Macy Sorensen was sitting with the youth in her stake center in Enumclaw, Washington, when she heard President Russell M. Nelson issue the invitation for youth to take a “seven-day break from the fake” and abstain from social media for a week.
“I acknowledge that there are positives about social media,” President Nelson said during the Worldwide Youth Devotional. “But if you are paying more attention to feeds from social media than you are to the whisperings of the Spirit, then you are putting yourself at spiritual risk, as well as the risk of experiencing intense loneliness and depression.”
Sorensen — the stake Young Women president — felt an outpouring of peace as she listened to the prophet’s words and watched as several youth along the pew in front of her immediately took out their phones and started deleting their social media apps.
“I thought, ‘Wow! If they can do it, I can do it too,’ ” Sorensen said.
Almost immediately, she felt “like I had more space in my brain to think and felt the promptings of the Holy Ghost nearly continually.”
One “odd” prompting she received was to do her ironing — one of her least favorite chores. Still, unable to shake the nagging feeling, she set up her ironing board and got to work on a pile of linen shirts.
“There was something about that physical, repetitive task that emptied my mind and the sound of the spray starch reminded me of my mom, who ironed every Monday of my growing up years,” Sorensen recalled.
Soon her thoughts also turned to her father, who had died several years prior. Sorensen joined the Church when she was 19; her mother joined nearly 15 years later as she cared for her husband who was bedridden from a stroke. He passed away without accepting the gospel.
As Sorensen was ironing and thinking about her father, “I got the real distinct impression that he was there and felt him say ‘Don’t forget about me.’ ” That thought was soon followed by “I haven’t been sealed to your mother.”
“I was floored,” Sorensen said. She immediately put down the iron and called the temple to get an appointment to have her parents sealed.
Since President Nelson issued the challenge on June 3, thousands of Latter-day Saint teenagers have responded. But, like Sorensen, the prophet’s invitation has been accepted by more than just youth.
Jim Jacobs, a member of the Reunion Ward, Brighton Colorado Stake, decided to participate in the social media fast as an example to his five children — two young adults and three teenagers. “I hoped to claim the blessings the prophet promised even though I am far from being a youth,” he said.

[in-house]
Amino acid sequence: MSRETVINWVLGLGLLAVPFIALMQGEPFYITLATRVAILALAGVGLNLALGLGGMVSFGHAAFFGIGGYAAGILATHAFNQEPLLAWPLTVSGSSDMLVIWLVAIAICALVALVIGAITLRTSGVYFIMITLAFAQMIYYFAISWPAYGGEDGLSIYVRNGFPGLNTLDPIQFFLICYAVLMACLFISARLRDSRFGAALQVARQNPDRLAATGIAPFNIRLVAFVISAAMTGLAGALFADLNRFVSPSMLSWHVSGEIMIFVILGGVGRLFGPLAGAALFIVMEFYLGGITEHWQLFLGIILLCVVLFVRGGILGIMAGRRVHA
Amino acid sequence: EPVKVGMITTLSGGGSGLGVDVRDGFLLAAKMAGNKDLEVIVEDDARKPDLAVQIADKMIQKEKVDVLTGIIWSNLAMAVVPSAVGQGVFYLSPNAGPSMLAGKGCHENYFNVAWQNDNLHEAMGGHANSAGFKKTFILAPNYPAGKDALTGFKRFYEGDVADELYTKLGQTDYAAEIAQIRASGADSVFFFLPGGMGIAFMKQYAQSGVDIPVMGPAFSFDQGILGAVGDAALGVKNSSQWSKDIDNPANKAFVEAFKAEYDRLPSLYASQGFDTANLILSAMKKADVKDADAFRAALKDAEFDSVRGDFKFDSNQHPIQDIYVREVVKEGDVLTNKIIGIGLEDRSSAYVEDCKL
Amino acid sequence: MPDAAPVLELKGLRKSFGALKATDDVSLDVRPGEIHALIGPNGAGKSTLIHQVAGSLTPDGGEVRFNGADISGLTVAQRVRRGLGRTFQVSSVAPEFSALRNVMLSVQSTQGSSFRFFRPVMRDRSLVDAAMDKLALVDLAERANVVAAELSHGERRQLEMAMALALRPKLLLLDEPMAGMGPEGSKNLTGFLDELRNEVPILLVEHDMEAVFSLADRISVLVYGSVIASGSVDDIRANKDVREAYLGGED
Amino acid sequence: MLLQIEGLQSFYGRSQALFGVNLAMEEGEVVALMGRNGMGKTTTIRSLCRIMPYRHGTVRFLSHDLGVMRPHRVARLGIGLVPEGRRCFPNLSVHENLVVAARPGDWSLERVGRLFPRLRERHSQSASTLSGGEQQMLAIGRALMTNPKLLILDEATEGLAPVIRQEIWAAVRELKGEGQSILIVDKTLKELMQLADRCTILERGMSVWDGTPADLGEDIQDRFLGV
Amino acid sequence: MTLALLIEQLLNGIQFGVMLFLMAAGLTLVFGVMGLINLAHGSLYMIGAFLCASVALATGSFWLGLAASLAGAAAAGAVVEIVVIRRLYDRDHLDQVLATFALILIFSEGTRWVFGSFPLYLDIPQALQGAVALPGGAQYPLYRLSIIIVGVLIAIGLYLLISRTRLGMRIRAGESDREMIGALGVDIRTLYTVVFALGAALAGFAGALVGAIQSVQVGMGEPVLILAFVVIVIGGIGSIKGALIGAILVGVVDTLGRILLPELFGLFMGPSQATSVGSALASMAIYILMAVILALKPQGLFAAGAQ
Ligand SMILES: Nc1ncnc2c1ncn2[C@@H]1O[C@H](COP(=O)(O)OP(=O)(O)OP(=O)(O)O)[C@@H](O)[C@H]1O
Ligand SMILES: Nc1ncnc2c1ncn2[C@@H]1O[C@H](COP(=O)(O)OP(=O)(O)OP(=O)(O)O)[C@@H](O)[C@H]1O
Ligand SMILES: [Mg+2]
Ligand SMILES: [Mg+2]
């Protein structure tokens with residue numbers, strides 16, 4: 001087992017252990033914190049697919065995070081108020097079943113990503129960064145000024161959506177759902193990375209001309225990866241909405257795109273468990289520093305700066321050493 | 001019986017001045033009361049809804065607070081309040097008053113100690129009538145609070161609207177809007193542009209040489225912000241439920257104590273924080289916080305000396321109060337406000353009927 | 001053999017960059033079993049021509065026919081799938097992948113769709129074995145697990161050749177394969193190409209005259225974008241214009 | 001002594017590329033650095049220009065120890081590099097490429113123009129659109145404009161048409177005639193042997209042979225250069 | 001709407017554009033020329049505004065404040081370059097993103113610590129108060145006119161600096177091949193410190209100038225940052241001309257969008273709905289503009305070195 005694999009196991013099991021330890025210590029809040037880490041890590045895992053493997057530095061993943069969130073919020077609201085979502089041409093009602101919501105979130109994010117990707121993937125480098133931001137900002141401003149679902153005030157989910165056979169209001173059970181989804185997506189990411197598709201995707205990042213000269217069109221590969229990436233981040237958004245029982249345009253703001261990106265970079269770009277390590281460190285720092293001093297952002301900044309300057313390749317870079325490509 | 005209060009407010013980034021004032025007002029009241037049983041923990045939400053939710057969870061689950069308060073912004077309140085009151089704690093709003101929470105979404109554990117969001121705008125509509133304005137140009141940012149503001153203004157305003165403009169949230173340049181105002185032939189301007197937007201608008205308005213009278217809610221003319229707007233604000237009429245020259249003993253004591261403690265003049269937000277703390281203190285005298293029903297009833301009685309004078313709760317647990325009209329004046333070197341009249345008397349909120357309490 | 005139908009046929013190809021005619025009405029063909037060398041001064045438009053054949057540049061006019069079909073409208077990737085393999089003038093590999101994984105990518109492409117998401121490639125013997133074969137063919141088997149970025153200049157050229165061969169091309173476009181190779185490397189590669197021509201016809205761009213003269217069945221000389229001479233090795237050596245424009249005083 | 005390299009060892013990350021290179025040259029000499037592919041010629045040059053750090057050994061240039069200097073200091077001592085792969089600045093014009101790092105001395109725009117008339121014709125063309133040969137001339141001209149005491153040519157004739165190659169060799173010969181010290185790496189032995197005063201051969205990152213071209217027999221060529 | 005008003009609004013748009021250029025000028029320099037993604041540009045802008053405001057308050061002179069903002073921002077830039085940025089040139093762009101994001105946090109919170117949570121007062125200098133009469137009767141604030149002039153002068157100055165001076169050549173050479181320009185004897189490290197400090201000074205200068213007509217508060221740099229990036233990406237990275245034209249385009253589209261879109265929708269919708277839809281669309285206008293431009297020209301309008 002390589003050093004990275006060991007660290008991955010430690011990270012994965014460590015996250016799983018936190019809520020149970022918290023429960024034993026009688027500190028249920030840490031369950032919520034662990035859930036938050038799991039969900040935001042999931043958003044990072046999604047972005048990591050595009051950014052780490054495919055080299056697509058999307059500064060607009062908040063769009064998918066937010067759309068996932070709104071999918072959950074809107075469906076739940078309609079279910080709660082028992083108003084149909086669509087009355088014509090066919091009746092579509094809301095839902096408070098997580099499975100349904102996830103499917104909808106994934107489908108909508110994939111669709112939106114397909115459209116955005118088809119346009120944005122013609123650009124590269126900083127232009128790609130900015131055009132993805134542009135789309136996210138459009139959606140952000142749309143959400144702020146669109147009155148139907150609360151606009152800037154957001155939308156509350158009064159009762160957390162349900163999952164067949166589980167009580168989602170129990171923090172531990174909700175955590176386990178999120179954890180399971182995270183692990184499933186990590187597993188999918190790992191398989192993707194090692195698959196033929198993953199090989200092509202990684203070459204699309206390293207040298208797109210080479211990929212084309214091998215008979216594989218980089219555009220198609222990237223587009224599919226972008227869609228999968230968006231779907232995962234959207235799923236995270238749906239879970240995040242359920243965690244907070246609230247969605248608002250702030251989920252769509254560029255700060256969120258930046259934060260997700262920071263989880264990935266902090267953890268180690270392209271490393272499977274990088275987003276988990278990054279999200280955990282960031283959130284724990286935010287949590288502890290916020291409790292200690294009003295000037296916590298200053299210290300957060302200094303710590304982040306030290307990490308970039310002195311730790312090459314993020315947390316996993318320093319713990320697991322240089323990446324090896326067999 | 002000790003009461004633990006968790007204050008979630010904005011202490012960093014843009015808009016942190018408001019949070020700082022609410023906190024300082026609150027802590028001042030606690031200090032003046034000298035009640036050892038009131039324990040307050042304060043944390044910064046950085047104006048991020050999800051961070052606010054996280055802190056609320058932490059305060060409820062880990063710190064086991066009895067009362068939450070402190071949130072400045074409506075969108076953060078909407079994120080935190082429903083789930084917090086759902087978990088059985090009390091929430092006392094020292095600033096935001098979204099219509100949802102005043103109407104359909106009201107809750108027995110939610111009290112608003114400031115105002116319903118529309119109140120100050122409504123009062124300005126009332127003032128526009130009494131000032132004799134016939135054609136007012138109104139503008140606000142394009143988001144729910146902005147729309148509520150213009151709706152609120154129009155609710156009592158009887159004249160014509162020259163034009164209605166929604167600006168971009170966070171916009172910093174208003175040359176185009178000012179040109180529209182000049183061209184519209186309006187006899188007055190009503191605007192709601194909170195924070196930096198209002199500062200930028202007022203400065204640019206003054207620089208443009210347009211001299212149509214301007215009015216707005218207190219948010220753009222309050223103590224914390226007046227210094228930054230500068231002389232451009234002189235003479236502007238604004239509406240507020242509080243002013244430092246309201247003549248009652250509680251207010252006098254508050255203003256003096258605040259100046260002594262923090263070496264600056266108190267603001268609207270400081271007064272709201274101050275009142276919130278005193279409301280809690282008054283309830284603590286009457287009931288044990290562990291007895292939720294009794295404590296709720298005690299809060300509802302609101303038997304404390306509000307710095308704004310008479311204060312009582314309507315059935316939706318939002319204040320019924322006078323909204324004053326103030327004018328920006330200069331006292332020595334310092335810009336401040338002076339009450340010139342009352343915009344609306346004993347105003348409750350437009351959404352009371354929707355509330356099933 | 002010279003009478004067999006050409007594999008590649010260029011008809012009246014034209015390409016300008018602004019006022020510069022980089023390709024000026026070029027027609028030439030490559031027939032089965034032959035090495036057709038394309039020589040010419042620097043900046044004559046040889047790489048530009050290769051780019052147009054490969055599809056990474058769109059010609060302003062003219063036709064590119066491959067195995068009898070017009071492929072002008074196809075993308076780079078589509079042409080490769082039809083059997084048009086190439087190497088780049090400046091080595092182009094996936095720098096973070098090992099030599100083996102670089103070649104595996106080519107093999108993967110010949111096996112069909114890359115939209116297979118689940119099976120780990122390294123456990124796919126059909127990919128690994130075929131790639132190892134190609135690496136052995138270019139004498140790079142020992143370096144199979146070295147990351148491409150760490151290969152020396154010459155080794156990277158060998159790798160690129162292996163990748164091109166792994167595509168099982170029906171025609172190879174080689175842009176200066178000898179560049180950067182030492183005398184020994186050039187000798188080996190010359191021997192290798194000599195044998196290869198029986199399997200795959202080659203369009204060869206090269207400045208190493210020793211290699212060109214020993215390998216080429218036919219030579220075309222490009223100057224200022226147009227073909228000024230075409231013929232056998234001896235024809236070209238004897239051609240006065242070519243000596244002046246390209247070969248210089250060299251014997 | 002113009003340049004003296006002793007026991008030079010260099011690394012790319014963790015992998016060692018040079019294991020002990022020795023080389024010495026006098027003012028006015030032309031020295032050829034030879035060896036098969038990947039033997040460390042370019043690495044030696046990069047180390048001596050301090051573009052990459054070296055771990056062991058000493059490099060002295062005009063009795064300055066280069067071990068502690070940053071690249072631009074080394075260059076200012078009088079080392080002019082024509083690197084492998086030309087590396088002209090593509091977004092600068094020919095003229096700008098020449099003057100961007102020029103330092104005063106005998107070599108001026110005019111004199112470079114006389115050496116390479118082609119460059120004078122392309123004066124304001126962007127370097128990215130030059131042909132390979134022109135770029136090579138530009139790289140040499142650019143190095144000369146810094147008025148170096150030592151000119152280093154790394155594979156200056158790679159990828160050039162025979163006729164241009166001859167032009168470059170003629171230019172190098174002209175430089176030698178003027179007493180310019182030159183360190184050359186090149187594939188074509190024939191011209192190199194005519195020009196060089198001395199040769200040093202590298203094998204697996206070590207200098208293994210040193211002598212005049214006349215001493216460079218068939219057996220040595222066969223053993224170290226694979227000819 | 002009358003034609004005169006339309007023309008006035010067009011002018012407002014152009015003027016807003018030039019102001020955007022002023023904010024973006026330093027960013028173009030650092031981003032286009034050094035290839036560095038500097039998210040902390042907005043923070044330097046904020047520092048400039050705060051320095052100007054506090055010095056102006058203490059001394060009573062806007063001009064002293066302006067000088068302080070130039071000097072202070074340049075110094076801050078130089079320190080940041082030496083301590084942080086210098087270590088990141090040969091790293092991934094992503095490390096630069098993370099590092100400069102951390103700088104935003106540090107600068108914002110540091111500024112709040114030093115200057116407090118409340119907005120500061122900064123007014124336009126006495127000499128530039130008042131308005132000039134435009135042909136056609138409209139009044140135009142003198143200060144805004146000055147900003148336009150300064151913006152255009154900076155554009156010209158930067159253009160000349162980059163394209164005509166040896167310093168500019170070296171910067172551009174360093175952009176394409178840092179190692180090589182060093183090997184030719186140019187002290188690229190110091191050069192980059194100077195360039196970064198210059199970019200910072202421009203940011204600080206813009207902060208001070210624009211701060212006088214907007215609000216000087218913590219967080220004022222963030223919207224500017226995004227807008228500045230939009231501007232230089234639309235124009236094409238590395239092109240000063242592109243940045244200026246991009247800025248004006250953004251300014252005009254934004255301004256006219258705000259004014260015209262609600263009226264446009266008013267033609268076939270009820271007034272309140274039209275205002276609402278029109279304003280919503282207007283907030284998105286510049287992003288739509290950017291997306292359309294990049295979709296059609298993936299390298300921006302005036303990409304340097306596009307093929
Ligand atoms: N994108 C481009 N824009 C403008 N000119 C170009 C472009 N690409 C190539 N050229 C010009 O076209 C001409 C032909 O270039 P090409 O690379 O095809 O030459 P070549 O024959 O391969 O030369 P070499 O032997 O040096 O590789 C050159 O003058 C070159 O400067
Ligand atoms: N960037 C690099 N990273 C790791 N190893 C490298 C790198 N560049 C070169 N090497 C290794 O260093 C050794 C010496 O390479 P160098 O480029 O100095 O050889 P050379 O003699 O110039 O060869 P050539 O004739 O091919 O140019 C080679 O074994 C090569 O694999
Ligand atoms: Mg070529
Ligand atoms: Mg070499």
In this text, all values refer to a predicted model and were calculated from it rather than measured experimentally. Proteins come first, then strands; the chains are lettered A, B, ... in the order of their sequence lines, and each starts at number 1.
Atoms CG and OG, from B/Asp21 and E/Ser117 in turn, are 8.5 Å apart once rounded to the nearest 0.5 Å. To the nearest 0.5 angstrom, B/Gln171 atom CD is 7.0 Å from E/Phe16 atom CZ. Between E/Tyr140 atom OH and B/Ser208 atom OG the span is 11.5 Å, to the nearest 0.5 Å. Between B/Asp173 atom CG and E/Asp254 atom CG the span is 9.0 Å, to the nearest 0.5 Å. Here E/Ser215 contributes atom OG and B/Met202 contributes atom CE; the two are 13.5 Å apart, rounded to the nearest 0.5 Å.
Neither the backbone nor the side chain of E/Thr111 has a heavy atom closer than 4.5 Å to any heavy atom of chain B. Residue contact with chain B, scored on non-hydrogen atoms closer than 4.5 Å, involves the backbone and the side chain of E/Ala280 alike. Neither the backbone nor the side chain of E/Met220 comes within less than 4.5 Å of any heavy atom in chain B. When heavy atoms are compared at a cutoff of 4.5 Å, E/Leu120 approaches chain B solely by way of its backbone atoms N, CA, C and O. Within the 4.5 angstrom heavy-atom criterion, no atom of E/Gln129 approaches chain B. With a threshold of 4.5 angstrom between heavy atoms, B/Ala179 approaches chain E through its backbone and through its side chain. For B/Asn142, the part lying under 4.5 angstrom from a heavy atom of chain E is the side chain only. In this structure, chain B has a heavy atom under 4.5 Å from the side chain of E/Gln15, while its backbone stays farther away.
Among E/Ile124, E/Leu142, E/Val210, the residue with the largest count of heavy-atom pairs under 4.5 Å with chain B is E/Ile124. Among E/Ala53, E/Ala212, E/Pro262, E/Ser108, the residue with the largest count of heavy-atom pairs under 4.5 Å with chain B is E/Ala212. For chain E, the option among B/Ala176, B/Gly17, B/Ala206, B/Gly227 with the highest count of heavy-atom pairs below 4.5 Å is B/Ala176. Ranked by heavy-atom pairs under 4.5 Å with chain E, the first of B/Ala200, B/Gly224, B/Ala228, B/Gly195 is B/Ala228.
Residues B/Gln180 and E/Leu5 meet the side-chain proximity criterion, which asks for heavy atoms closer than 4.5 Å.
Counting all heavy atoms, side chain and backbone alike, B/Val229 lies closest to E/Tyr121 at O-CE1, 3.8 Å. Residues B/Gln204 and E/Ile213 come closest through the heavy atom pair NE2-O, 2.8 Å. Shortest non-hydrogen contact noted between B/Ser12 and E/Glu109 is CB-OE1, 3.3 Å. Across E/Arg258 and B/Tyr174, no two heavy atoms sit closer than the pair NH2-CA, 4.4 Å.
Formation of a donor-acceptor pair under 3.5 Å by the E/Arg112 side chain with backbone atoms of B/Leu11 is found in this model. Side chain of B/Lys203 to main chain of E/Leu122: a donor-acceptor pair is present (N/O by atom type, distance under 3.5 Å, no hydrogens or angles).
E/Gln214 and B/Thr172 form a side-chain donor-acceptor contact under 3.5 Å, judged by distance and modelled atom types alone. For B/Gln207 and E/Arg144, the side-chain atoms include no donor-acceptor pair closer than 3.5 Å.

For Miriam Garcia, President Nelson’s challenge seemed “quite bold.” The young single adult from the Springwood Ward in the Eight Mile Plains Australia Stake admittedly spends time on social media on a daily basis. Still, Garcia said, she also felt a strong sense of purpose in President Nelson’s remarks “that I was part of something bigger in the gathering of Israel.” So she decided to participate.
As bishop of the Ephraim 2nd Ward in Ephraim, Utah, David Parrish attended the youth devotional with his wife. He not only decided to participate in the week-long fast, but also invited his children and his ward members to join him. “Just because we are adults does not mean that we are exempt or are no longer challenged by the same temptations,” Bishop Parrish said.
But there was a reason the fast was issued as “a challenge.” Jacobs was surprised by how hard it was. “I found myself missing it,” he said.
Even though Garcia said she had more time, “I didn’t know what to do with it, but then I remembered the challenge to increase participation in the gathering of Israel.”
She spent time working on her FamilySearch account with an aunt and ended up performing the initiatory and endowment ordinances for her great-grandma’s sisters.
In the past she would have said she doesn’t have the time or capability for those kinds of things. “But I realized there are things I can do, and it’s just about what I choose to prioritize,” Garcia said.
For Danica McGary, a member of the Kouhoku Ward, Yokohama Japan Stake, the fast not only brought a greater awareness of habits but also an added blessing of peace. Instead of turning to social media when she had an empty moment, the new mom learned “it’s so important to spend my time with my baby and social media steals that time.”
Participating in the fast also strengthened her testimony in the prophet, she said. “I continue to feel stronger confirmation that President Nelson is a true prophet of God, and I am grateful to have hearkened to his counsel and followed his invitation.”
Jacobs said he felt such a difference, he extended the social media fast for another week. “I do not want to live a distracted life,” he said, and in hindsight “this challenge blessed me with more time, more productive work days, feeling better about myself and a greater desire to do more good.”
Most important, he can testify to children. “I can testify with conviction that media is distracting and even more I can testify to the truth of the prophet’s words,” Jacobs said.
On Saturday, June 23, Sorensen’s mother was sealed to her father and she was sealed to her parents in the Seattle Washington Temple. “I’m 53 now, and I just felt such profound joy,” Sorensen said of the experience.
She now knows more than ever that, regardless of age, “there are blessings that come when we are obedient to the prophet in the small things,” she said.